I recently attended a weekend workshop for older women. The leaders used the word “’crone” to define the stage in a woman’s life after she passes through menopause. Why, I wondered would anyone want to call themselves a crone? If you check any dictionary, the word is associated with being an old hag, a shrew, basically a mean and ugly woman. No way did I want that to be my identification, so I did some further investigation. I searched to find if there was a more pleasing word that might be used to reference a post-menopausal woman.
“Nobody sees a flower really; it is so small. We haven't time, and to see takes time, like to have a friend takes time."
Geogia O’Keefe’s words may remind you of the importance of friendships and how for many in our fast paced lives sadly friendships are put on the back burner, making them not a high priority. Although unquestionably you do “care about” your friends, you simply have no time, no energy to give them.
I have to confess. As I move along in age, I am much more impatient and get annoyed more easily than in my younger years. Often these petty annoyances make no sense, even to me. As an example, I find myself irritated when I hear the universal, socially- acceptable greeting, those three little words, “How are you?”
Dancing has become prime time entertainment. ‘So You Think Can Dance”, Dancing with the Stars”, and the latest, “Live to Dance” offers thrilling competitions; they are a great spectator sport. But you may recall a time when you yourself once loved to dance.
As we mark the beginning of the New Year, it may be seen as but another opportunity to continue growing into who we really are. As boomers (those moving beyond the middle years) we may feel more sure of our selves and more certain of our wants and our needs.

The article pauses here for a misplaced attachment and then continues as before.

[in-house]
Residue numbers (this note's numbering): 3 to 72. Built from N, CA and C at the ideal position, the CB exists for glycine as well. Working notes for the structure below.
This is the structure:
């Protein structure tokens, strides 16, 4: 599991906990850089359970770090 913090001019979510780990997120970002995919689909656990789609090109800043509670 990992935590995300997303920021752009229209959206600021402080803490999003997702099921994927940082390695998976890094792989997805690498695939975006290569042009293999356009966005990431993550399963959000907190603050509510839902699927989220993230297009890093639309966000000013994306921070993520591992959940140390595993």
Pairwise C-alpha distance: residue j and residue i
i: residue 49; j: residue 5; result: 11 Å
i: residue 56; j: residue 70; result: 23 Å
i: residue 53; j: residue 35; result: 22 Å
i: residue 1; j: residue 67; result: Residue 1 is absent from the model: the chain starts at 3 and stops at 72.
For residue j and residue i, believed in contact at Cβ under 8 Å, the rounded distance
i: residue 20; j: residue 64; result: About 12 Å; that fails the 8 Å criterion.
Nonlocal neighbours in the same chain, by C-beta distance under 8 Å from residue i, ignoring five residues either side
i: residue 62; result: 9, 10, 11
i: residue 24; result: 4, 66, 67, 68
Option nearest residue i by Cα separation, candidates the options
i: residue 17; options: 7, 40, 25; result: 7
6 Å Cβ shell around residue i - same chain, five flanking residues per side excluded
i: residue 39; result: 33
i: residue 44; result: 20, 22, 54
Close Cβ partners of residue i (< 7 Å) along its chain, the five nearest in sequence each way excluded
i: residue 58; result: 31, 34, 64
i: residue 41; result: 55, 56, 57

Something to consider is the top item on the short list of big benefits to getting older. It is said most often that with age, “You just don’t care so much what others think about you.”
Posted: Friday, November 7, 2014 3:00 am Newburyport Daily News
It has been called “the retirement crisis,” and much of our generation is now feeling it.
First, it was the economic recession we faced, which for some meant the loss of jobs, homes, fortunes. And now, at a time when our work lives are ending, we are unprepared.
It is Springtime and your thoughts may turn to “love”, especially if you are a single person and wanting, hoping for something or someone new to enliven you.
Many boomers and those beyond are looking for, maybe for the second or third time, a mate or at least someone to date. But now, in this more evolved phase of our lives, dating may feel unfamiliar and uncomfortable. It’s not like the old days when you could ask your friends to “fix you up”. Back then your life probably revolved around others your own age who were equally single and wanting to hook up. When we move up in age and experiences, when many of our friends are already in marriages, it can be much more challenging and even hard work to find someone new.
New Year’s Eve is usually a time when friends gather together to celebrate, eat and drink (and sometimes over do it). For me, on that special night, rather than go out, I choose to “go in”, to become introspective and investigate or “wring out” the old year, before ringing in the new.
I remind myself of the key points, both the lows and the highs. What were the new opportunities and the successes? What were my challenges and how did I come through the losses and the disappointments? How did I do with it all? And what do I want to see in the coming year?
PICK YOUR BATTLES
You may have noticed that some arguments are a waste of time. Things will not change, no matter what is said and, therefore, it’s useless energy expended. You get all worked up and your blood pressure rises. It’s not good for the health, so decide to let it go. But, you may want to put up a fight over certain principles, such as feeling mistreated by someone. You might fight back, up to a point, and then decide to back off, knowing you have at least expressed yourself.
“What was the name of that movie, you know, the one that I liked with that older guy? What’s his name?”
The names you seek are right on the tip of your tongue, but you simply cannot remember, and when you go to copy a phone number down, you transpose one or more numbers. You now cannot ignore that you have had some short-term memory loss. This recognition can be really upsetting at first, but then you may decide to just let it go, stop beating yourself up and sweating the small stuff. No big deal, and anyway, your friends are just like you; they can’t remember things either.